For Americans rushing to fill out their Form 1040 tax forms before tonight’s deadline, here’s one bit of good news: Next year, it could be simpler and your taxes less.
The changes to tax law approved by Republicans in Congress and signed by President Trump last year will alter tax brackets, exemptions and deductions, which could speed the process for an individual or a family that doesn’t have a special circumstance. Those changes didn’t take effect until this year, so they’ll show up on next year’s forms.
Here’s a look at some of the changes that could affect them a year from now:
The United States income tax is a progressive tax, which means the rate goes up as taxable income goes up. The bottom bracket remains at 10 percent, but the income limits go up slightly, from the current $9,325 for an individual or a married person filing separately, and $18,650 for a couple filing jointly. They go to $9,525 and $19,050, respectively. There are still six more brackets, although in most cases, the tax rates came down slightly and income levels are different.
The second bracket was 15 percent for individuals up to $37,950 and couples up to $75,900; it’s now a 12 percent bracket for individuals filing up to $38,700 and couples up to $77,400.
The third bracket was 25 percent for individuals up to $91,900 for couples up to $153,100; now 22 percent for individuals up $82,500 and couples up to $165,000.
The fourth bracket was 28 percent for individuals up to $191,650 and couples up to $233,350; now 24 percent at for individuals up to $157,500 and couples up to $315,000.
The fifth bracket was 33 percent for individuals and couples up to $416,700; now 32 percent for individuals up to $200,000 and couples up to $400,000
The sixth bracket was 35 percent for individuals up to $418,400 and couples up to $470,70; now 35 percent for individuals up to $500,000 and couples up to $600,000
The top bracket was 39.6 percent for individuals above $418,400 and couples above $470,700; now 37 percent for individuals above $500,000 and couples above $600,000. But if you’re in that bracket, someone else is probably doing your taxes and you may not be keeping track of details.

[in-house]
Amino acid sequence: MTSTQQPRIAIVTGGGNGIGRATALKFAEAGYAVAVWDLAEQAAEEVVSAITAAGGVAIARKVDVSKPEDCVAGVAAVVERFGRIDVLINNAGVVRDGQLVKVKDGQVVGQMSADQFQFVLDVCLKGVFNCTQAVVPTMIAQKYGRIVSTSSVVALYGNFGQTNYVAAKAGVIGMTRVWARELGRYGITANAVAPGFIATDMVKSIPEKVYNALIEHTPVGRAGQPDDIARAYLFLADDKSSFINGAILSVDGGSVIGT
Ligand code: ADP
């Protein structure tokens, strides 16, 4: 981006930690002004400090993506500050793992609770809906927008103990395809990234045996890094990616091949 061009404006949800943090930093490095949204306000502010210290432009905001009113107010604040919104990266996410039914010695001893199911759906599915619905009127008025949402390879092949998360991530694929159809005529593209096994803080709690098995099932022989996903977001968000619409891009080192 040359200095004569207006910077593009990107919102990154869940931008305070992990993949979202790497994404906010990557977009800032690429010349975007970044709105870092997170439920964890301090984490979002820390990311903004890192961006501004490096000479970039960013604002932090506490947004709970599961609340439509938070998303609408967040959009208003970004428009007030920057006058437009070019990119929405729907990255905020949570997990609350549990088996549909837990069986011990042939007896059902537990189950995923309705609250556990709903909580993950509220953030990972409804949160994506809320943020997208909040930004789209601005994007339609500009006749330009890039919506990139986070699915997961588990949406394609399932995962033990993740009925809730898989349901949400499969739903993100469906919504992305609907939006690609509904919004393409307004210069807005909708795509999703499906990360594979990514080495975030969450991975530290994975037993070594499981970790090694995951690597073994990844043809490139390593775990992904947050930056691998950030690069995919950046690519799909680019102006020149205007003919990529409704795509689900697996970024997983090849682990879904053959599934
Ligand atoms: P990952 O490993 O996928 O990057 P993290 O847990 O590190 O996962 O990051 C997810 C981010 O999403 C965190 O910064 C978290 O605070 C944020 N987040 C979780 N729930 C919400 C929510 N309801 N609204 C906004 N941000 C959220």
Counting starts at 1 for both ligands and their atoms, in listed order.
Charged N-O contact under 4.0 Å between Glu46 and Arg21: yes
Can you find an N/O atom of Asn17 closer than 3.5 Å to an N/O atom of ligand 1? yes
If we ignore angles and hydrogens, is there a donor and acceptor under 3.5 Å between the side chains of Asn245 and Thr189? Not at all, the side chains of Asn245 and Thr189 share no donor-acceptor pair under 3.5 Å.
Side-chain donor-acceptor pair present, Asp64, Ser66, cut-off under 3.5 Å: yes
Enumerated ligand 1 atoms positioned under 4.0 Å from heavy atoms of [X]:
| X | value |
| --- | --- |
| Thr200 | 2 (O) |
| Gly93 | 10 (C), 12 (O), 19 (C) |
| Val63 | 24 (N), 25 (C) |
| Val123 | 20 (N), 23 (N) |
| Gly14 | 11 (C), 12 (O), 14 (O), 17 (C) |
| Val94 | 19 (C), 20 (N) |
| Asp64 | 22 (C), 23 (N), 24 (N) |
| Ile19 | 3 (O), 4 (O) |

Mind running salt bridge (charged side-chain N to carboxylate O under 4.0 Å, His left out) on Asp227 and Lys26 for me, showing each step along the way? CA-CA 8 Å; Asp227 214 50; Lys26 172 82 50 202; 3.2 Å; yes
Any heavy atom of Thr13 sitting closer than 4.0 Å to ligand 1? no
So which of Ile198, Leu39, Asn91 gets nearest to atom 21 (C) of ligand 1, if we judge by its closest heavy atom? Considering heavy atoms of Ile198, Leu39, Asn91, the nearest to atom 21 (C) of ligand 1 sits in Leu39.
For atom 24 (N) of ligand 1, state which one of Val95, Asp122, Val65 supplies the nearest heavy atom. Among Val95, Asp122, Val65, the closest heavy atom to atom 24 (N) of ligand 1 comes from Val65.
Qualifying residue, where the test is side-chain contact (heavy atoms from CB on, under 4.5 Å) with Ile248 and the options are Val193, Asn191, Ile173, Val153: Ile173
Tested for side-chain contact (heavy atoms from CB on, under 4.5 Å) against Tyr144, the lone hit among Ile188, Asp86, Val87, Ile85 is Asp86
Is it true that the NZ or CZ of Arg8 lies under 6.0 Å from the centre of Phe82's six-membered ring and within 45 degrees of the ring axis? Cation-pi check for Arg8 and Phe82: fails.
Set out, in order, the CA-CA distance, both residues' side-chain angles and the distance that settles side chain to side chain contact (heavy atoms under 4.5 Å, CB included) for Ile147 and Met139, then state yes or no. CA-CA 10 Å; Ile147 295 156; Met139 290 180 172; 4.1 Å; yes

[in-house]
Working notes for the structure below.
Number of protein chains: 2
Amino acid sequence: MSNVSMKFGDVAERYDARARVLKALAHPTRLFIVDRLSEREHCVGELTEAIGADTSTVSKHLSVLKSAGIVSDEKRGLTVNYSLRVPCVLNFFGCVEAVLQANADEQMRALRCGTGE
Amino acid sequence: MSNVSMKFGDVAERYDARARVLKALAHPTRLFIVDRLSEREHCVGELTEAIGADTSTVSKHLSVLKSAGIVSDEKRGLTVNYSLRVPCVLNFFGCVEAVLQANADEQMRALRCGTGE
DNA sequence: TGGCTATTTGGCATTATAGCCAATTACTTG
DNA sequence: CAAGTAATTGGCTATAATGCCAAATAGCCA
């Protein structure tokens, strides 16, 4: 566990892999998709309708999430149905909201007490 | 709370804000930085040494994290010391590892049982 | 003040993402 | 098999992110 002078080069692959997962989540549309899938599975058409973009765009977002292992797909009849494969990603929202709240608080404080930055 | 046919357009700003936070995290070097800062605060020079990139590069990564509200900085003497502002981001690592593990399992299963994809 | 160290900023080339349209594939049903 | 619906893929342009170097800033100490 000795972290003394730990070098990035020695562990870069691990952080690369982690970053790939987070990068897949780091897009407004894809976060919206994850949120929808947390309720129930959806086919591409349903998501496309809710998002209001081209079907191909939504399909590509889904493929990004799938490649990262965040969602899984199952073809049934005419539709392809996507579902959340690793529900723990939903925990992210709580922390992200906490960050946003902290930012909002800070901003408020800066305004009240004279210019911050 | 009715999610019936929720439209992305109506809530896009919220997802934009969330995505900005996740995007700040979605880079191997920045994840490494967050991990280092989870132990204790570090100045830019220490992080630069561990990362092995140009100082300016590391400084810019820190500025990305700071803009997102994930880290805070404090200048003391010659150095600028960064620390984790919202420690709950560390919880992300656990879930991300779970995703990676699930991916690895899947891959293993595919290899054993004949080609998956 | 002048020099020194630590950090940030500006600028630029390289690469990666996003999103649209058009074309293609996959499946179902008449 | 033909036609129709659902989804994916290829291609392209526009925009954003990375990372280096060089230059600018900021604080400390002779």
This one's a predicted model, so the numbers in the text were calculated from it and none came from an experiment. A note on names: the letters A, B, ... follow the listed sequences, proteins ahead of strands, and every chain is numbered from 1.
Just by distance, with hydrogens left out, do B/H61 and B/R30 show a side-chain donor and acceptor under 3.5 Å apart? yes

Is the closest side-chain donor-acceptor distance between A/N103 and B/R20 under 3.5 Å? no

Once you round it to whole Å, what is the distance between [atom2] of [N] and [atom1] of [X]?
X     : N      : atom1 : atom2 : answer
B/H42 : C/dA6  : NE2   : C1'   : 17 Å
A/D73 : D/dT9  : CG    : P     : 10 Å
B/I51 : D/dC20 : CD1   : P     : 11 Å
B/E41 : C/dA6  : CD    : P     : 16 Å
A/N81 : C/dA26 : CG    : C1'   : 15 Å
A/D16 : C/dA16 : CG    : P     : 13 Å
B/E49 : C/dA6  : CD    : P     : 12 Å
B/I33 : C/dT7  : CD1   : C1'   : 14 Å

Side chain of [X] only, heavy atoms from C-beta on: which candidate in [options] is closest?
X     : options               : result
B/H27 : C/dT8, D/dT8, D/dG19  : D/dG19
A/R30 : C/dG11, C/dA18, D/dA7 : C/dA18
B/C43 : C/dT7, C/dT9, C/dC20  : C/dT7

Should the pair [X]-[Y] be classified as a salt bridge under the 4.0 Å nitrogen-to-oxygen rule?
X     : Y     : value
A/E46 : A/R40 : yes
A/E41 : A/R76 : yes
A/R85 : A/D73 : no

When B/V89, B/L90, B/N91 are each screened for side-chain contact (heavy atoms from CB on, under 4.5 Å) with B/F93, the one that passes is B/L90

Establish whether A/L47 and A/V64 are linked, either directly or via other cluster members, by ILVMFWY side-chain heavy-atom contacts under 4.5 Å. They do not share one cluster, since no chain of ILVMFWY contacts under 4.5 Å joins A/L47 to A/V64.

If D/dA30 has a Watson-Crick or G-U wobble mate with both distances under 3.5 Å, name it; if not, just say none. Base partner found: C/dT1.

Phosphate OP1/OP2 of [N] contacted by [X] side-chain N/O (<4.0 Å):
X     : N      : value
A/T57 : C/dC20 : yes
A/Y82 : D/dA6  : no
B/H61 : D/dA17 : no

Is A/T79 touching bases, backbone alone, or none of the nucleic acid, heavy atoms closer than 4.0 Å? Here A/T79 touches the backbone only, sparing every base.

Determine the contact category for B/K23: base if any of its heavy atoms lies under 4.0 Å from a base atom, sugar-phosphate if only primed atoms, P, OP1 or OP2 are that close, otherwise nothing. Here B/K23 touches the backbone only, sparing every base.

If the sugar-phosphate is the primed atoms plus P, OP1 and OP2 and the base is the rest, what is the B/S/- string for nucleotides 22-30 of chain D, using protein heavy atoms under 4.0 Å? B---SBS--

Deductions and credits
The standard deduction, which many people take rather than itemizing, is currently $6,350 for an individual and $12,700 for a couple filing jointly. That will go up to $12,000 for an individual, $18,000 for the head of a household and $24,000 for a couple. Individual taxpayers and couples will be able to add $1,300 per person if they are 65 or older; the head of a household can add $1,600.
People with certain expenses itemize them if they add up to more than the standard deduction. With the increase in the standard deduction, that will be less common, and the new law also has limits on those acceptable deductions. Total state and local sales, income and property property tax deductions are capped at $10,000. Mortgage interest is still deductible, and the cap of $1 million was kept for existing homeowners but lowered to $750,000 for new homeowners.
Taxpayers won’t be able to claim moving expenses or tax preparation costs on next year’s forms, but they will be able to claim charitable donations, child and dependent care credits, and medical and long-term-care expenses that hit at least 7.5 percent of their income (that goes up to 10 percent in 2020.)
The Child Tax Credit is doubled to $2,000 per child and a $500 deduction for non-child dependents. But there are some income and deductibility restrictions that starts to phase it out above $200,000 for an individual and $400,000 for a couple.
The Earned Income Tax credit is unchanged, as are the deductibility levels for 401(k) retirement plans.
The personal personal exemption of $4,050 per person is being eliminated until 2025.
The estate tax exemption is doubled, to $11 million.
Alternative Minimum Tax
The corporate AMT was eliminated, but the individual AMT remains with higher thresholds for individuals and couples.
April 15 is traditionally Tax Day in the United States, unless it falls on a weekend. This year it’s on April 17 because April 16 is the Emancipation Day holiday in the District of Columbia. In 2019, April 15 falls on a Monday and tax forms will have to be in the mail by midnight.
Subscribe to the Morning Review newsletter
Get the day’s top headlines delivered to your inbox every morning by subscribing to our newsletter.